In Uzbekistan, when summer turns to fall, the government forces more than a million of its citizens to drop what they are doing and pick cotton, according to independent monitors.
The government maximizes profits by forcing farmers to meet production quotas and sell cotton--Uzbekistan's "white gold"--at artificially-low prices. Government-supplied forced labor is the grease that keeps the system going because the government buys the cotton at such a low price that farmers cannot possibly make a profit if they have to pay market rates for labor. Meanwhile, the government's cotton monopoly yields hundreds of millions of dollars in profits that are directed into an off-budget slush fund that senior officials use to buy whatever they wish. By approving three new loans to Uzbekistan on June 12 the World Bank has risked having the grease of forced labor dirty its own reputation.
The Uzbek authorities have reacted to international pressure over the past two years by ending the mass mobilization of children younger than 15 and allowing the International Labor Organization to monitor last year's cotton harvest. But Tashkent has not taken any steps to begin to dismantle the forced labor system. While younger children are no longer forced to pick cotton, larger numbers of older children and adults are being mobilized in their place. And since employers usually rotate their employees in and out of the fields for a few weeks at a time, more people may actually be serving as forced labor today than two years ago.
The World Bank recognizes the problem. Its own Inspection Panel published a report last year indicating that there was a "plausible link" between an existing Bank agricultural sector project and forced labor. Nevertheless, the Bank's Board of Directors decided on June 12 to move ahead with new projects on irrigation and horticulture before demanding that the Uzbek authorities take concrete steps to dismantle the forced labor system. Simultaneously, the Board approved a loan for work to improve pre-primary and secondary education even though high school students, teachers, and school staff are still shipped en masse to the fields each fall to pick cotton while younger students who are no longer mobilized are often double shifted or forced into combined classes because so many of their teachers are working in the fields.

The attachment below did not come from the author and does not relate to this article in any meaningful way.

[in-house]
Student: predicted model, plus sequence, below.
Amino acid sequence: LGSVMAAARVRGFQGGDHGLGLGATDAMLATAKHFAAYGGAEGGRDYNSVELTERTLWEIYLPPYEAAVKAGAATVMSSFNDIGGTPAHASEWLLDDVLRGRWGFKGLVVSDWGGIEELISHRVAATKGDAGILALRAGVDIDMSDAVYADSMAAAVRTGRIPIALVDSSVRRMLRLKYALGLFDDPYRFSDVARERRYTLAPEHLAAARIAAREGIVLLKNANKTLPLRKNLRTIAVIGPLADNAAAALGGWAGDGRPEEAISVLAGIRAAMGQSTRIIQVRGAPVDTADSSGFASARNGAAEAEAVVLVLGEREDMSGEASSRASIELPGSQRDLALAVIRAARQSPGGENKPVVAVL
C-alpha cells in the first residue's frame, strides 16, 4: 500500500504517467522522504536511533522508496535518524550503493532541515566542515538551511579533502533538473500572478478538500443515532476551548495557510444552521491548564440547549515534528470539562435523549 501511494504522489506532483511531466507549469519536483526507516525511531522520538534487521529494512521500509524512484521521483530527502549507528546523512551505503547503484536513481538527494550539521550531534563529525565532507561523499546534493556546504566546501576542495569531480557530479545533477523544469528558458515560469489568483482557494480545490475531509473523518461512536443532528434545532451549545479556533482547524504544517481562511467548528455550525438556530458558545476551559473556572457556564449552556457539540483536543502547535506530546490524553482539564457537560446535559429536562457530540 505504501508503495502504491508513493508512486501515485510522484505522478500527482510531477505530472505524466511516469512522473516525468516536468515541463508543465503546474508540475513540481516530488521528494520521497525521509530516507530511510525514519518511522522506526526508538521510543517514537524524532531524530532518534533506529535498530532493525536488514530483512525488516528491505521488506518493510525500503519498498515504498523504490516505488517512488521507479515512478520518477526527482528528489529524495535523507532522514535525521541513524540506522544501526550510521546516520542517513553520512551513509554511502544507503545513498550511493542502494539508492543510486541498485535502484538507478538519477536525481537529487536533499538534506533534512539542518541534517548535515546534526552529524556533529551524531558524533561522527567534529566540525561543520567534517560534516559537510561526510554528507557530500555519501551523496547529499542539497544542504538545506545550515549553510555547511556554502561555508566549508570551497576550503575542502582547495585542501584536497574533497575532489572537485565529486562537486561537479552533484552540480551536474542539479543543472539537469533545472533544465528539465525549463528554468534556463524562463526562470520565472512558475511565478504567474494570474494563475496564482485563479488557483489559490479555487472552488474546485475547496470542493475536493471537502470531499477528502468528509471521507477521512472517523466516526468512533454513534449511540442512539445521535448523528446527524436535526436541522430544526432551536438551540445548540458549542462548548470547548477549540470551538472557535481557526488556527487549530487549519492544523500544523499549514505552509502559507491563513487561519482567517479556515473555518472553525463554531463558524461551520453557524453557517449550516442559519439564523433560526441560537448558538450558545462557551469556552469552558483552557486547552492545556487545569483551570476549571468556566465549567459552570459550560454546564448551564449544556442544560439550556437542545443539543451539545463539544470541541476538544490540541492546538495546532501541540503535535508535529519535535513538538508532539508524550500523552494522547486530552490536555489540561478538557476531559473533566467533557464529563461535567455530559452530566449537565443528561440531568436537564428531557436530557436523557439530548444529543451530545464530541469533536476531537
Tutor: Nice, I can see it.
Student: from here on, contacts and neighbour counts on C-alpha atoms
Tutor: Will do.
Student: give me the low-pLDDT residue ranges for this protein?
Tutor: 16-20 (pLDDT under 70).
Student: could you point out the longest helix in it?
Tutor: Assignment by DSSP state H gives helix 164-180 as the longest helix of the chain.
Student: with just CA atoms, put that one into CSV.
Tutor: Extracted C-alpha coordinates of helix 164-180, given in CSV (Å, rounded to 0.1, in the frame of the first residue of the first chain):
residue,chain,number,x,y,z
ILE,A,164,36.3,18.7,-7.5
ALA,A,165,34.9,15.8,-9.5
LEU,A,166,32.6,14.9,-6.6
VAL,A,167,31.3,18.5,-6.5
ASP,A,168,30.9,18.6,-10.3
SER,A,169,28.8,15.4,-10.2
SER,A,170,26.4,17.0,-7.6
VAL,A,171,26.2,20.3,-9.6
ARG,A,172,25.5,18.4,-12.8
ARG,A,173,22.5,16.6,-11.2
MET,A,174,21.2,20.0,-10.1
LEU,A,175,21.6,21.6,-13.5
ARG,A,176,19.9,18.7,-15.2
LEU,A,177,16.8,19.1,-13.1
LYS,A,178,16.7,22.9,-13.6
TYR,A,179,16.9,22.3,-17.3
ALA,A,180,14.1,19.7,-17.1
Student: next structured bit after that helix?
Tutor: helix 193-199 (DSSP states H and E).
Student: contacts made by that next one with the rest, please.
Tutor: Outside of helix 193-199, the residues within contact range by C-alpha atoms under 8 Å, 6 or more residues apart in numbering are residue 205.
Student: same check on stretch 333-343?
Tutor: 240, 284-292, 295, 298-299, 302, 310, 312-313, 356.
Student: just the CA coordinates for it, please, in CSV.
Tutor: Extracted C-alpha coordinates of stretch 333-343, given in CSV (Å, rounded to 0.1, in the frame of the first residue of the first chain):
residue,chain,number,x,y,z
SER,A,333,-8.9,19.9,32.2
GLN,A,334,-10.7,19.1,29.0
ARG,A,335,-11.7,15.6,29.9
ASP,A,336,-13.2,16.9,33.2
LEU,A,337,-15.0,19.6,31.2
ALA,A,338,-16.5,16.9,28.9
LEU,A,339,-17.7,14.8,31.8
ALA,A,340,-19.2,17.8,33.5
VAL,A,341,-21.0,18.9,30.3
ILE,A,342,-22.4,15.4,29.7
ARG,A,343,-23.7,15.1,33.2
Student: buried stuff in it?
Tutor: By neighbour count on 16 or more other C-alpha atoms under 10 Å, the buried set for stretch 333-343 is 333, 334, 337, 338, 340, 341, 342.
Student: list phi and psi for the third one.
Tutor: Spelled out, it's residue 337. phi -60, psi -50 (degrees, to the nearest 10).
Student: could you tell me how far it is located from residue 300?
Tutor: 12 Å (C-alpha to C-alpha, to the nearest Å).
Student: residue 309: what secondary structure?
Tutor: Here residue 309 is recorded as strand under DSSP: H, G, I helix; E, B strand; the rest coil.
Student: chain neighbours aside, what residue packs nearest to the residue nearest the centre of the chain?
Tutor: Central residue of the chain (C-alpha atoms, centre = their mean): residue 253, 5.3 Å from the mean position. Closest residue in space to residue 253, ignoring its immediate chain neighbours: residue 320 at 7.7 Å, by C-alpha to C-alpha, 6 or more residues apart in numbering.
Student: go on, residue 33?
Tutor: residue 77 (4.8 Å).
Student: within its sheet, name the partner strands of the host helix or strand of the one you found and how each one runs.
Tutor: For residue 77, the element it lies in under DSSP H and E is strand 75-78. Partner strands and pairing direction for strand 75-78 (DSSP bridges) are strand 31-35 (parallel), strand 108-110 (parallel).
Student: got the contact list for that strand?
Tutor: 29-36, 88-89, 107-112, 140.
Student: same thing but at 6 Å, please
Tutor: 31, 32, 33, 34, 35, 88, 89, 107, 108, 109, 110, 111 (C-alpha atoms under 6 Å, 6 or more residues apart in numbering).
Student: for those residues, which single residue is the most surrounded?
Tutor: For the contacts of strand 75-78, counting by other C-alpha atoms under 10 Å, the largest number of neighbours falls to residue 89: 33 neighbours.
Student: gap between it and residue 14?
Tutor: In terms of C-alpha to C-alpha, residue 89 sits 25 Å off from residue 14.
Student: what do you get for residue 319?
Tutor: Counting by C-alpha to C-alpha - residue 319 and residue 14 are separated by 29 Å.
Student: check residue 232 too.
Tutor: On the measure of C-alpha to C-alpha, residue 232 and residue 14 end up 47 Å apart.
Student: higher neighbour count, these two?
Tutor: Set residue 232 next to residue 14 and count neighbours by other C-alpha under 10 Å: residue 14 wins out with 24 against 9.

The Bank admits that forced labor is a serious threat to these projects and, to its credit, is taking a number of unprecedented steps to try to avoid contamination with the forced labor system. These include a covenant in the irrigation loan agreement under which the Uzbek authorities pledge that throughout the project area they will abide by their own labor laws (!) banning the use of forced labor. But given that more than one-third of the land in the project area is currently planted in cotton that will be a neat trick. There is simply no way a farmer can afford to raise cotton and pay market rates for labor.
The Bank will also employ an independent third-party monitor. If that monitor or Uzbek activists who monitor the harvest (at considerable risk of harassment or arrest) turn up evidence of forced labor, it will be incumbent on the Bank to revoke the loan agreements and demand the Uzbek authorities return any funds already disbursed. This would be a clear measure of the extent to which the World Bank's new social consciousness is for real.
Jeff Goldstein is the senior policy analyst for Eurasia at the Open Society Foundations.
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